Hugo Chavez is comforted in hospital by his daughters recently. Rumours are swirling that the Venezuelan president has died.
Venezuelan President Hugo Chavez is said by his allies to be "fighting for his life". But some political rivals have claimed he is dead, and the scramble to succeed him as leader of the nation with the world's largest oil reserves has begun.
Vice president Nicolas Maduro said the charismatic and hugely popular socialist leader was undergoing further "intense" treatment at a military hospital in Caracas, while political opponents mounted angry recriminations over the secrecy that surrounds his health.
The president's son-in-law Jorge Arreaza hit out at Chavez's opponents on the right for "launching absurd and bizarre rumours", and insisted the president was "calm" in hospital with his family and doctors at his side.
Chavez's elder brother Adan Chavez, the governor of Barinas state, told supporters: "There he is, continuing his fight, his battle, and we are sure of victory!"
Panama's former ambassador to the Organization of American States, Guillermo Cochez, claimed Chavez died after relatives switched off his life support several days ago. Cochez said Chavez had been in a vegetative state since the end of December, and challenged the president to prove otherwise by showing himself in public.
Supporters attended a mass in the chapel of the Military Hospital Carlos Arvelo in Caracas, where Chavez, 58, underwent treatment, according to state news agency AVN.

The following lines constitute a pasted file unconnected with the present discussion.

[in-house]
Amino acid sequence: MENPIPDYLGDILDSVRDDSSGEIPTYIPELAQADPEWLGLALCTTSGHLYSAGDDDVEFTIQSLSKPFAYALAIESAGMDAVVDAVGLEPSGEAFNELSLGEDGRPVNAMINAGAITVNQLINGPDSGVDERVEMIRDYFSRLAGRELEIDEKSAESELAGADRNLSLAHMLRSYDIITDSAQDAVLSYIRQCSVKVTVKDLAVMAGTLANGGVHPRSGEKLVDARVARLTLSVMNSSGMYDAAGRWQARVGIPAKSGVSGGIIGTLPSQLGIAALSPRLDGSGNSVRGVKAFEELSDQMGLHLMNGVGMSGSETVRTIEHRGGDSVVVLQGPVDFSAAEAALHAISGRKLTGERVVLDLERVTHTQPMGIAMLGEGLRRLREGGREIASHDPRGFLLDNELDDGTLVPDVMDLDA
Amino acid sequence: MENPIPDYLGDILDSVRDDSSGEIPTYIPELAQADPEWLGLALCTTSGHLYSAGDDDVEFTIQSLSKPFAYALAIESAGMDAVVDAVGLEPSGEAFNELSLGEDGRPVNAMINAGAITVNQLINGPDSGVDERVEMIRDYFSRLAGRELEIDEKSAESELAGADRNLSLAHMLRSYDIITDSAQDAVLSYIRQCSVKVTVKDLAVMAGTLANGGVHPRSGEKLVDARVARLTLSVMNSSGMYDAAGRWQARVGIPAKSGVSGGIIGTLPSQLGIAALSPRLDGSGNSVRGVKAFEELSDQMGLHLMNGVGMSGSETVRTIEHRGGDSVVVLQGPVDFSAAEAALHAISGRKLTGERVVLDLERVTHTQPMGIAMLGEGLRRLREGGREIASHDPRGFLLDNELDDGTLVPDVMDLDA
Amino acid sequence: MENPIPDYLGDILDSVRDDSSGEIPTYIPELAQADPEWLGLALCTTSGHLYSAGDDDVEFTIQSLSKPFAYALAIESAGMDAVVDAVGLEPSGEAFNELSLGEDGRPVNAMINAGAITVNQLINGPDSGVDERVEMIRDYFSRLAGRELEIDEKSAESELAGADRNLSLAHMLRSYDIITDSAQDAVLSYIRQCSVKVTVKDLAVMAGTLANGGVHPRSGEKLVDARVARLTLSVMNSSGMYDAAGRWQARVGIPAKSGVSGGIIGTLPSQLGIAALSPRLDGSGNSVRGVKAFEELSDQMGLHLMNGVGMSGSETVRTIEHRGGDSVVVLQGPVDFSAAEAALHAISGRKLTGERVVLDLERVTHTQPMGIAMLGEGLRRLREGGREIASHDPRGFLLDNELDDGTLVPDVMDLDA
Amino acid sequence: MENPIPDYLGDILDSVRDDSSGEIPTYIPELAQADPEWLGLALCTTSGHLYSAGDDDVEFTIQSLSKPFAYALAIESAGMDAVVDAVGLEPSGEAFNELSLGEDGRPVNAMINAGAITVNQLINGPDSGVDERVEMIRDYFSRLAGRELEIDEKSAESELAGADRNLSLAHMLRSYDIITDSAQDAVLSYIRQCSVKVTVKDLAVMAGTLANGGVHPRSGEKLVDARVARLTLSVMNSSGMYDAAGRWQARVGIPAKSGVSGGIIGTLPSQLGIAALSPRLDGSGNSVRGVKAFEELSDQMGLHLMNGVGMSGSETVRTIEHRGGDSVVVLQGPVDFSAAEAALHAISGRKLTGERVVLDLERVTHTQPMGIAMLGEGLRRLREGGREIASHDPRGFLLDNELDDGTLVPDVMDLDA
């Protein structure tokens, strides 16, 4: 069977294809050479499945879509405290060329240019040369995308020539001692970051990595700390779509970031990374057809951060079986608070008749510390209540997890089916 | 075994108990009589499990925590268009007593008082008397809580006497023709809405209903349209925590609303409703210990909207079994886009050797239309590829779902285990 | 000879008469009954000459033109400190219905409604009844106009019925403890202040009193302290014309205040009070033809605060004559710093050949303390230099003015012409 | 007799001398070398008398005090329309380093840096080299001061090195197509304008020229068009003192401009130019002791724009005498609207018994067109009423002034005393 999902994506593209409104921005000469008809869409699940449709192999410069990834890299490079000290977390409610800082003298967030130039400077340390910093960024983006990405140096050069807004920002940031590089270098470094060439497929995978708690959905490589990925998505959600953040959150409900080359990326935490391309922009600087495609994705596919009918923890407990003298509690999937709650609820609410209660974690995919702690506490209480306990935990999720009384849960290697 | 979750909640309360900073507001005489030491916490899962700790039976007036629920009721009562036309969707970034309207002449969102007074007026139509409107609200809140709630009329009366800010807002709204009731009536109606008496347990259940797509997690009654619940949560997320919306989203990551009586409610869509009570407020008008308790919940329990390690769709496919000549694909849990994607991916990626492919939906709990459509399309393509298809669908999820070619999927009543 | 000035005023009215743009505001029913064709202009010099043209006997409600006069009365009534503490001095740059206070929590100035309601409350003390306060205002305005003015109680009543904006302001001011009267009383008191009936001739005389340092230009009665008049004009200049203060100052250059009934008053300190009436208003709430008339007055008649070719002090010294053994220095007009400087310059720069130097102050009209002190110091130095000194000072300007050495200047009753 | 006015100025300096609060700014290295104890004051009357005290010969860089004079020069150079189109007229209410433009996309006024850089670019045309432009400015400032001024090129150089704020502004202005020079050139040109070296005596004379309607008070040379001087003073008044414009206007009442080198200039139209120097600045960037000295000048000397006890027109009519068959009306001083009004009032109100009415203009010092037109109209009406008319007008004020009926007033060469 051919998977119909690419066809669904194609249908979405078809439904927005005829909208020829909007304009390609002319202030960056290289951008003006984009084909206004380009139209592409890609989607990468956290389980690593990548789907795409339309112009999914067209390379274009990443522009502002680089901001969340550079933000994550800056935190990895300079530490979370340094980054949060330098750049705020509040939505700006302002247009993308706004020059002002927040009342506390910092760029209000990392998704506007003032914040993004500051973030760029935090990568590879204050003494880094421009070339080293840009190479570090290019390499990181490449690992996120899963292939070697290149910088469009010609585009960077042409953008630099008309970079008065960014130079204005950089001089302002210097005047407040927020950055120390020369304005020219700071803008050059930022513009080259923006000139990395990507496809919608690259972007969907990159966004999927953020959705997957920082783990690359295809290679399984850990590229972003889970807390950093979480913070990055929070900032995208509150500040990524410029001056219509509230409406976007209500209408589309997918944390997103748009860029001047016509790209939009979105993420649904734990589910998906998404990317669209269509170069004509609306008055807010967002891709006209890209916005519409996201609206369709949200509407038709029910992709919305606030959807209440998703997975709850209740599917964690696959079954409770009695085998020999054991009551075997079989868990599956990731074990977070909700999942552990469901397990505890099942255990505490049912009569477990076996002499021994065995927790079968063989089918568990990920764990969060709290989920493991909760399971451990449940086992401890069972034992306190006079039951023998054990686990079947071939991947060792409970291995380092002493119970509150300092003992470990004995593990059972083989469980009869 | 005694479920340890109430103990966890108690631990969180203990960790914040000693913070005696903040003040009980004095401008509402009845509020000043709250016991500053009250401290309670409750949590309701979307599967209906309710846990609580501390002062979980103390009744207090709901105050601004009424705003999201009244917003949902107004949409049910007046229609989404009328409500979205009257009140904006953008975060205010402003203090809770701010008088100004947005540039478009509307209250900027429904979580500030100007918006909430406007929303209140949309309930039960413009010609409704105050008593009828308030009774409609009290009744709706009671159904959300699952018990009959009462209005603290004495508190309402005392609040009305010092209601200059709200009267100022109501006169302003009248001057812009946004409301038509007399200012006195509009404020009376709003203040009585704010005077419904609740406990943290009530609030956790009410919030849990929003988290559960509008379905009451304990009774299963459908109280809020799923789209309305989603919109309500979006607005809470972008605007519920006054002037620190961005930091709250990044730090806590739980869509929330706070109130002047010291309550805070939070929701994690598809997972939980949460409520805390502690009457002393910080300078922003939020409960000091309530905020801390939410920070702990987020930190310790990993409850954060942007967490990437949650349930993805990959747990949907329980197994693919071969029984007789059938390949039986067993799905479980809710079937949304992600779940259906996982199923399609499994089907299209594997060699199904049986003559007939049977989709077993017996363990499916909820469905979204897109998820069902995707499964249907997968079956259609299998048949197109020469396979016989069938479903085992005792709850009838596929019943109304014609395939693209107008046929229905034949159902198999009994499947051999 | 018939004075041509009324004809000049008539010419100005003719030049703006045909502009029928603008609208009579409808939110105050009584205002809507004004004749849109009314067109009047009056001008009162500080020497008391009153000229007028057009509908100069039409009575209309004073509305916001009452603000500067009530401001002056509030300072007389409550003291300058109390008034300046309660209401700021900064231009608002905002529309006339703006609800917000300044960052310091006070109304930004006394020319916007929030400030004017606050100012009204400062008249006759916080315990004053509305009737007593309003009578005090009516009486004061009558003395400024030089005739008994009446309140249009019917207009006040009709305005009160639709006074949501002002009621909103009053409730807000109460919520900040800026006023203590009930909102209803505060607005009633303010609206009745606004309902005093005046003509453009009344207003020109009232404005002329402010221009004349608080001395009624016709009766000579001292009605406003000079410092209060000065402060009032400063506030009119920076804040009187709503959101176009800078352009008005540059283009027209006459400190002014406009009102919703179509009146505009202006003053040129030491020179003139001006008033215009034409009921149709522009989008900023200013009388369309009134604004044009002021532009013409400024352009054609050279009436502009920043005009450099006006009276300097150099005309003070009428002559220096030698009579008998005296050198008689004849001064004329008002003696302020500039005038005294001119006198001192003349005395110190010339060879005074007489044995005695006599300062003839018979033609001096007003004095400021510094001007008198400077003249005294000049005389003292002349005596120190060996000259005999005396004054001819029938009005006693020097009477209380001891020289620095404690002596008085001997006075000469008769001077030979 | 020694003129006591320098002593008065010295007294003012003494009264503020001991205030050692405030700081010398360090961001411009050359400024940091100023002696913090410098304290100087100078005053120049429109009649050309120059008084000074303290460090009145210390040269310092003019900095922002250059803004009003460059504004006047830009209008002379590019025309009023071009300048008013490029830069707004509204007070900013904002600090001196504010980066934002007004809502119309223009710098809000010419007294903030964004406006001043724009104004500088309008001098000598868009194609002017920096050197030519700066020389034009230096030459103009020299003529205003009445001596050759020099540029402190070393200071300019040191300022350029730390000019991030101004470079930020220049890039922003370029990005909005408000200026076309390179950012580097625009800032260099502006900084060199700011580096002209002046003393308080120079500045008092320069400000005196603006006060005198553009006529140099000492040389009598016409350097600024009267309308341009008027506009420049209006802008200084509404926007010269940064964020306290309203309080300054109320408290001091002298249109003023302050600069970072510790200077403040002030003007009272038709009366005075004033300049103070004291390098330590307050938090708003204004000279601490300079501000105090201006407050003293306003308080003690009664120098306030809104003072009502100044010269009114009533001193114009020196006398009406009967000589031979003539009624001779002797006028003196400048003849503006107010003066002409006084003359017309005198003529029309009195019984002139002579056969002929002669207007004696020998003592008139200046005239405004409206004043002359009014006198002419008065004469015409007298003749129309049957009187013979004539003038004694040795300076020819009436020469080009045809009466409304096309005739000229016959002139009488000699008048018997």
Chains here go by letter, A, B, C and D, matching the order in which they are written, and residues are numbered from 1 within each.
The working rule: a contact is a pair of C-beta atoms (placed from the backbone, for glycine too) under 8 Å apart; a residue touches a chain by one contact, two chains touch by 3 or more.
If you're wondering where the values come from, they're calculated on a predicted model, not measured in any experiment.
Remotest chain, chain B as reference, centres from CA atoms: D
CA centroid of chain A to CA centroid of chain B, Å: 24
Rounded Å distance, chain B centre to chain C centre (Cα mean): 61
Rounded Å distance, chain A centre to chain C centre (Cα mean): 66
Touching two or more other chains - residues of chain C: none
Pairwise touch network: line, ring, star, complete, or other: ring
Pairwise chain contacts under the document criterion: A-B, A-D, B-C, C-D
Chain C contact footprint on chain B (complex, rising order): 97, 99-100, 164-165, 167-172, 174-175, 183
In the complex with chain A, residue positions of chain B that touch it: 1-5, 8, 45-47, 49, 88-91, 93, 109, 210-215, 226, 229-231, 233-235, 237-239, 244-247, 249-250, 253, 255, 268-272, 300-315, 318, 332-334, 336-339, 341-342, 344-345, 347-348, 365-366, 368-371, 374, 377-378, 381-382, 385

Chavez has not been seen or heard from in public since undergoing his fourth operation in Cuba on 11 December. Only a set of photos showing him lying in a Havana hospital bed has been released.
The government has never revealed the nature of Chavez's cancer.
The president returned to Venezuela in late February, more than a month after his inauguration on 10 January, and was readmitted to hospital in Caracas last week without the fanfare that had accompanied previous homecomings.
Vice President Maduro, Venezuela's de facto leader and Chavez's anointed successor, urged the people to stay calm, patient and respectful.
"The treatments Commander Chavez is receiving are tough, but he is stronger than them," Maduro said after the hospital mass.
"He's in good spirits, battling. Leave him in peace. He deserves respect for his treatments, because he's a man who has given everything for our fatherland."
Opposition politicians accuse the government of concealing Chavez's true condition. If Chavez dies or steps down, a vote will be held within 30 days, with Capriles likely to stand against Maduro for the leadership.
"Maduro has lied repeatedly to the president's supporters and to Venezuelans about his real situation," opposition leader Henrique Capriles said. "Let's see how they explain to the nation in coming days all the lies they have told."
Speculation over the president's condition has gripped the 29 million-strong population. Scores of students and activists chained themselves together in a Caracas street, demanding to see the president and protesting against Maduro's succession.
The government said last week that Chavez's breathing difficulties had worsened, and he was using a tracheal tube.
Chavez suffered a severe respiratory infection following the six-hour operation he underwent in December for a cancer that was first detected in his pelvic region in June 2011.
Remarkably, two opinion polls this week showed that a majority of Venezuelans - 60 percent in one survey, 57 percent in another - believe he will be cured.
Last year, Venezuela overtook Saudi Arabia as owner of the world's largest known oil reserves.
To report problems or to leave feedback about this article, e-mail:
To contact the editor, e-mail: